Monday, July 23, 2012

You're so vain, you probably think this blog post's about you


You're special.

Odds are that you don't need me to tell you, because we are living through the great narcissism epidemic of the new millennium.

The culprit most often blamed for this epidemic: the Internet. At this point, it's probably a cliche everywhere but on the Newsroom to call out the Web for bringing Andy Warhol's 15 minutes of fame to life "in a way that probably even Warhol couldn't imagine."

Mr. DeVille, I'm ready for my close-up  

It's a running gag that a new reporter with a camera crew is a dangerous thing. In media classes, you can simply flick on the TV cameras and watch perfectly normal and well-adjusted students become transfixed by the most wonderful image they've ever seen on a monitor: themselves.

I call this the "RadioShack Effect." Years before the Internet, the electronics retailer figured out that if people saw themselves in the TV monitor in the window, they'd stop and look into it. "Look: I'm on TV!"

I once saw a guy (who happened to look just like William H. Macy) fall out of his chair at a Vancouver Canucks game in the excitement of seeing himself on the JumboTron. That makes one of him. 

The Internet is a TV and a telephone, of course, which means it takes the ability to see yourself on a monitor and puts "you" in charge of the button that makes it go live. The vamping-in-the-mirror photos on Facebook and Instagram are just the tip of the iceberg.

As is with all media, the thing that makes it great is also the thing that makes it terrible. No more gatekeepers? Great! Everybody talking and no one listening? Bad, Internet, Bad!

Advertisers were on the forefront of this trend. In advertising, it's a given that "you" is the most important person in any ad. "They" doesn't sell, but "you" does (an approximation of George Carlin's "your stuff" versus "other people's shit").

Which explains Time's cynically calculated Person of the Year in 2006, around the same time the entire magazine business collapsed at once: You. "Me!? I'd better buy that thing!" The cover came complete with a mirror. A little less journalistically challenging, we can agree, than Time's Man of the Year in 1939.


Narcissist? Moi?

If you're a narcissist, congratulations! According to these articles, you may be either:

1. A leader.

2. A killer.

As Dr. Learner writes the National Review (link #2, above):
"A narcissist is a person who never progressed beyond the self-love of infancy, one who learned superficial social skills - narcissists are often charming - but never learned to love another and, through love, to view others as separate persons with an equal value. To the narcissist, other people have no intrinsic worth; their value is purely instrumental. They are useful when they satisfy his desires and enhance his self-esteem, disposable as bottle caps when they don't."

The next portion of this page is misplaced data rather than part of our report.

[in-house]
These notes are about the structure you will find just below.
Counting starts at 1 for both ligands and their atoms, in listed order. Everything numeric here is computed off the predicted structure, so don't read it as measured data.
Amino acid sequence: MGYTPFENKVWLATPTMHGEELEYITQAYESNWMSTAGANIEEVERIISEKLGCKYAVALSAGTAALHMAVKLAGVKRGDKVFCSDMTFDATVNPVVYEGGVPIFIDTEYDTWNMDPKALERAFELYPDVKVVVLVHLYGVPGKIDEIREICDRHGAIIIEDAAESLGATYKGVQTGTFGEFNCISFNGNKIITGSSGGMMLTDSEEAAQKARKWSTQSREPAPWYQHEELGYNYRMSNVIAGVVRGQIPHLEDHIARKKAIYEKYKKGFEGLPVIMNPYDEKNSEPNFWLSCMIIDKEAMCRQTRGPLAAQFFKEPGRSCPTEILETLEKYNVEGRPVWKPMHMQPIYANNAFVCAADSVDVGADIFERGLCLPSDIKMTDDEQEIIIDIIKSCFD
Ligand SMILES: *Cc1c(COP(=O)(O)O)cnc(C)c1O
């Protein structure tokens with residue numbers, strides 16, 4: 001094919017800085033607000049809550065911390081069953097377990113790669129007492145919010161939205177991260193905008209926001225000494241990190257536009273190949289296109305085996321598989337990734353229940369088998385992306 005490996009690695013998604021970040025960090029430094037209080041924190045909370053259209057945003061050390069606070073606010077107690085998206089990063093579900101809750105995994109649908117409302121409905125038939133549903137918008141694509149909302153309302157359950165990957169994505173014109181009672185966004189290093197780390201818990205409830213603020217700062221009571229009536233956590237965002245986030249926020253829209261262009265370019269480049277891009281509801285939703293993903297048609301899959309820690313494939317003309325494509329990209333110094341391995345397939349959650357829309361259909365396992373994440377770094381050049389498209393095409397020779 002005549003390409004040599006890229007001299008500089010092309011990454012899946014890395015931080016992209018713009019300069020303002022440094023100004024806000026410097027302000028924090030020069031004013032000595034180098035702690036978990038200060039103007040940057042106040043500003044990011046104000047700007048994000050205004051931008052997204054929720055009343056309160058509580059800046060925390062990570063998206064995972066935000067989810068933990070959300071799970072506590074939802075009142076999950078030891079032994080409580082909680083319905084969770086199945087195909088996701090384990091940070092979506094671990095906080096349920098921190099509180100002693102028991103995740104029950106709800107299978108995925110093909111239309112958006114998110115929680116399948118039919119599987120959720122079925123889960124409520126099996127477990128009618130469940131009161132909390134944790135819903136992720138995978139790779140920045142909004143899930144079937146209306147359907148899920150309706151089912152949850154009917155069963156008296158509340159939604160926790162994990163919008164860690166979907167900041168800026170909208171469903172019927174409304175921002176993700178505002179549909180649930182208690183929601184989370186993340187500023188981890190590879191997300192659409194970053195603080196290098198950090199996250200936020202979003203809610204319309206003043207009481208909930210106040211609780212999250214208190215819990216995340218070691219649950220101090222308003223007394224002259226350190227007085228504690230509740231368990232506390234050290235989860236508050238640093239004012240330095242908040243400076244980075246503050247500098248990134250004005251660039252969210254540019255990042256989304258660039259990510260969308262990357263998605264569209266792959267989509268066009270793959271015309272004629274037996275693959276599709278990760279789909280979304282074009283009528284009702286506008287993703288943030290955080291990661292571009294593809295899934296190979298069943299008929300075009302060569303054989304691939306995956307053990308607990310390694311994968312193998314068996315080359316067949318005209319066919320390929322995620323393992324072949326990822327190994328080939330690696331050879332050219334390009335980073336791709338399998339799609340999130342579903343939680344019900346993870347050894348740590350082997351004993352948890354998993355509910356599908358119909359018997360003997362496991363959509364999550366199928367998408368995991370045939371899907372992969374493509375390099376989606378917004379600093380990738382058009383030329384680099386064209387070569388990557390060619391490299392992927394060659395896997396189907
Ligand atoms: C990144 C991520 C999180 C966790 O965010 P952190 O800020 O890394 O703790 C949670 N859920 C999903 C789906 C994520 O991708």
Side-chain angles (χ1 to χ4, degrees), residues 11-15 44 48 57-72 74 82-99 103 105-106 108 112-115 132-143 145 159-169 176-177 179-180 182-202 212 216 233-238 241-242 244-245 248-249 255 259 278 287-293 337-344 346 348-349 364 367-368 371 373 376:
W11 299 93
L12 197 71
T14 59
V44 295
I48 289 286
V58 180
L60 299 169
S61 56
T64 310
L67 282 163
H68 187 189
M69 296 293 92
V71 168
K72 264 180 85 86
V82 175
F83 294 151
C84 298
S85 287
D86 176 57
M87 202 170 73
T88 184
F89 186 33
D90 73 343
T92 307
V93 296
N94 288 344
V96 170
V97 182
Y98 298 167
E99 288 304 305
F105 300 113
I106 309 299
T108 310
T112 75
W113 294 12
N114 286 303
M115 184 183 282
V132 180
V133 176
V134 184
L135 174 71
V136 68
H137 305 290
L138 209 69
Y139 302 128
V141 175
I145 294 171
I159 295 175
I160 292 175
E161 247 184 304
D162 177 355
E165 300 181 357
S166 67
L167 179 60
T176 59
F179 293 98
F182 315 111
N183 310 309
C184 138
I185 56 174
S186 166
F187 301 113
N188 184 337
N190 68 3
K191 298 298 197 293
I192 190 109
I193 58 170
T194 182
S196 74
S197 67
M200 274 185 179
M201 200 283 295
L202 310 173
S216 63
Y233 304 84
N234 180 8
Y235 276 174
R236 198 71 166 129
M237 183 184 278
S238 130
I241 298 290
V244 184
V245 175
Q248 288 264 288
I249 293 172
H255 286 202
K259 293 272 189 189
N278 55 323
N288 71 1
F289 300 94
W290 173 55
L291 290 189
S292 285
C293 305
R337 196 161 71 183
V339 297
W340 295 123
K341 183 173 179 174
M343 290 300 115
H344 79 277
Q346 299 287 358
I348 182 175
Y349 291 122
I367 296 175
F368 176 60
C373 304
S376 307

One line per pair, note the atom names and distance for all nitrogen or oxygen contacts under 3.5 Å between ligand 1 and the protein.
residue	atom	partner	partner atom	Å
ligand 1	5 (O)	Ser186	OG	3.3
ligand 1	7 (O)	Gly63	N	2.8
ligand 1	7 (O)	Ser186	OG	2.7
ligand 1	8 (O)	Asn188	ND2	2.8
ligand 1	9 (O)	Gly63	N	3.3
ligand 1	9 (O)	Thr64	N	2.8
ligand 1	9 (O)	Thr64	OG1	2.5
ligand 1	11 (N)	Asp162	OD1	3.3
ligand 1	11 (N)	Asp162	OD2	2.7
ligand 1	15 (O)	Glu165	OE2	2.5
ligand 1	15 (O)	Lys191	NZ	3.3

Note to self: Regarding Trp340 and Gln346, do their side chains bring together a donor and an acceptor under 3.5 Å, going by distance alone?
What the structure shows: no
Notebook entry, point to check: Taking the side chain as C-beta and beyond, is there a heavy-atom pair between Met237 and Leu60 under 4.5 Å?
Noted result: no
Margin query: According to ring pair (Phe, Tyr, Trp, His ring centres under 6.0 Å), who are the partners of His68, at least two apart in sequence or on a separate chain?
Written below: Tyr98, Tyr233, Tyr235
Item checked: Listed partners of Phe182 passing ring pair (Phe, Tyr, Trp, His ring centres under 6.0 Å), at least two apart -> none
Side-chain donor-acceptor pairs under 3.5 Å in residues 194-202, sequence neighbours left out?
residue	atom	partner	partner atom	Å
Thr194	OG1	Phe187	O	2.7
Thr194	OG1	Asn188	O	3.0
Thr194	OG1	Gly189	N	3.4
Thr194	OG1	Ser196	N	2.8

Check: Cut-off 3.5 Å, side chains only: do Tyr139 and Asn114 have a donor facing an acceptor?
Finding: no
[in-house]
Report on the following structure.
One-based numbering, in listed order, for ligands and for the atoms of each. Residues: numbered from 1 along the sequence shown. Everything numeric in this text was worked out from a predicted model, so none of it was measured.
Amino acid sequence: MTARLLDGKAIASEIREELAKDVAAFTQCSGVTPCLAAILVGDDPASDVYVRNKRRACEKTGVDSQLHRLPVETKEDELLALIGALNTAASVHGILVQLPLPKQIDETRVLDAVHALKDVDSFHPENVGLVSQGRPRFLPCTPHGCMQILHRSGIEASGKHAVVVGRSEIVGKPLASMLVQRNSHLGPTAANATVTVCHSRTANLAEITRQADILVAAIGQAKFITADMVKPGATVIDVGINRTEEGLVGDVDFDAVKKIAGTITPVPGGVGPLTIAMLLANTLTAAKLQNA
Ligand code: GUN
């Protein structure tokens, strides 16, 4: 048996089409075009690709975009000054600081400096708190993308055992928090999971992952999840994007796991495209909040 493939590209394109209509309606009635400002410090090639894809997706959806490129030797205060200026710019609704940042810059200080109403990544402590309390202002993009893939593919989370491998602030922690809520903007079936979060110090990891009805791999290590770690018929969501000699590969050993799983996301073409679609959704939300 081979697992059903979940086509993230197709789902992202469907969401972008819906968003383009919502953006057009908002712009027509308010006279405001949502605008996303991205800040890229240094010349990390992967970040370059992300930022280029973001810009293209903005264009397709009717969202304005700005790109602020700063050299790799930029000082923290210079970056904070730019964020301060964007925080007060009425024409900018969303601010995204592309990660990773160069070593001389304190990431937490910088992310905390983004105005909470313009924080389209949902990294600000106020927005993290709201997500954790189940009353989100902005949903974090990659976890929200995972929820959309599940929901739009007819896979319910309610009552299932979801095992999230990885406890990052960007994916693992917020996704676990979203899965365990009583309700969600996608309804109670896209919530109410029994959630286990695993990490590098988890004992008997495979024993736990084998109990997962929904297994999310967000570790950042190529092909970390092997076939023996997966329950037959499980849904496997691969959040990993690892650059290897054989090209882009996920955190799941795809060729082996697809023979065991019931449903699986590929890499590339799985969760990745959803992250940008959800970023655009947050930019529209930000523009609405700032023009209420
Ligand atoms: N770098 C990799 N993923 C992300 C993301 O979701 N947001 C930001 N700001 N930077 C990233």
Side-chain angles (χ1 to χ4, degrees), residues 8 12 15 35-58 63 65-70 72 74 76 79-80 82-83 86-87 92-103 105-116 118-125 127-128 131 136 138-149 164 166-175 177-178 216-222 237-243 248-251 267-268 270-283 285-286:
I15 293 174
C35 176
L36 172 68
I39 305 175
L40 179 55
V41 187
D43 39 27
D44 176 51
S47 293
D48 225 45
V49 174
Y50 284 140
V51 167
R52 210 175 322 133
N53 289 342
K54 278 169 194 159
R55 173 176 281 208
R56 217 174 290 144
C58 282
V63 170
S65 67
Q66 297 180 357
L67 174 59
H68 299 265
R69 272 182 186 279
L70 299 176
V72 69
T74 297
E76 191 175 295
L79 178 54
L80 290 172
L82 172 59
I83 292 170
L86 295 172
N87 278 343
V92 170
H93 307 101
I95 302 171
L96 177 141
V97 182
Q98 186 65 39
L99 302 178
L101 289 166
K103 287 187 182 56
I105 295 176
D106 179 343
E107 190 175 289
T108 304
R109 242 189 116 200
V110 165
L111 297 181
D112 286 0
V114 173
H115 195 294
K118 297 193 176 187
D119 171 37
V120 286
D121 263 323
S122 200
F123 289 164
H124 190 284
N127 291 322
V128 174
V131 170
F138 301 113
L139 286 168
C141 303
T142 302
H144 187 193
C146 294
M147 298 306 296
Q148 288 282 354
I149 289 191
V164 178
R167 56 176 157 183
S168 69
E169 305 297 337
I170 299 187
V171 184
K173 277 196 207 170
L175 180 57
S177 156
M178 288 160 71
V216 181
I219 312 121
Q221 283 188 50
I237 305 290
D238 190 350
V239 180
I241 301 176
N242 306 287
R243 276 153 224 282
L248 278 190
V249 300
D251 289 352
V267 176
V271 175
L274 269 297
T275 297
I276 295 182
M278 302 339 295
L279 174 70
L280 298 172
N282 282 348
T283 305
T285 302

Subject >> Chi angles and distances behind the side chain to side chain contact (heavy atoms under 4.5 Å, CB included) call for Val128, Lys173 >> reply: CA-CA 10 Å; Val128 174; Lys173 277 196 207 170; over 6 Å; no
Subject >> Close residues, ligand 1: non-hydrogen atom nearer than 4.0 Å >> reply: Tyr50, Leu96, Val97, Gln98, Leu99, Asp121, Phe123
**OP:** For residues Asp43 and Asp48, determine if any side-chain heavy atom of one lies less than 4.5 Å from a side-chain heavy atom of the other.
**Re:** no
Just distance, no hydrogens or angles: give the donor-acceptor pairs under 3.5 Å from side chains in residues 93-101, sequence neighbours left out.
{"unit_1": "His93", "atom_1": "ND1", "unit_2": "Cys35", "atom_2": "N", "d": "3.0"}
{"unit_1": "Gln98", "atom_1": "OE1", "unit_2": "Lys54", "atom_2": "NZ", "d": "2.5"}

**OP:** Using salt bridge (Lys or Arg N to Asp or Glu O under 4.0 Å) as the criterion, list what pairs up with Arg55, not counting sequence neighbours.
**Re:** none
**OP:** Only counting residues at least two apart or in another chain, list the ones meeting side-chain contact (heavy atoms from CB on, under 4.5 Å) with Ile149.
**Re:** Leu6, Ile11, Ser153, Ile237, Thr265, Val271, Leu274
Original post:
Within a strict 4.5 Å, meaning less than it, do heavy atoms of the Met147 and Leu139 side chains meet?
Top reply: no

I'd written most of this blog post before the gunman shot up the movie theatre in Aurora. Perhaps the best articles on the topic so far are this one by film critic Roger Ebert on his blog, and this one he wrote for the New York Times. He concurs with Learner:
"Like many whose misery is reflected in violence, he may simply have been drawn to a highly publicized event with a big crowd. In cynical terms, he was seeking a publicity tie-in. He was like one of those goofballs waving in the background when a TV reporter does a stand-up at a big story."
It's an open reality among teachers that the easiest way to motivate students is by blowing smoke...their way by saying things like, "The cream always rises to the top." Of course, everyone in the room thinks, "That's me!"

The opposite - giving corrective advice - has become harder in the echo chamber of "you." A low mark or negative feedback is an ego threat that "you" simply can't handle, being the most important person in the room and all.

When everyone is rewarded for being special, the ones who end up being punished are those who have actually worked harder and/or achieved more than anyone else, but hey: the great thing about overachievers is that they rarely complain. 

I wonder what would be of the creative-writing teacher today who once wrote on my classmate's term paper, "I won't give you a mark, because you might think that I consider this to be writing."

In stand-up comedy, it's well known that the more negative feedback you get early on - "you're not funny" - is inversely related to how funny you will be in the future. 

If the Time Magazine article was the start of this trend, maybe the high school commencement address that went viral (top of this post) is the beginning of the market correction.

As Dr. Lerner concludes in her article:
"Many...experts...focus only on self-esteem, not on esteem for others, and they obsess about the methods parents use to teach their kids, ignoring the content, the moral lessons they are trying to teach, insisting that any physical punishment, however infrequently and judiciously applied, is child abuse. These experts have no real solutions to offer, when the problem is overindulgence rather than abuse, as it now so often is. They are part of the problem. And the sooner we recognize that, the better."
Maybe we can start by posting seven vamping photos of our friends for every one we post of ourselves.

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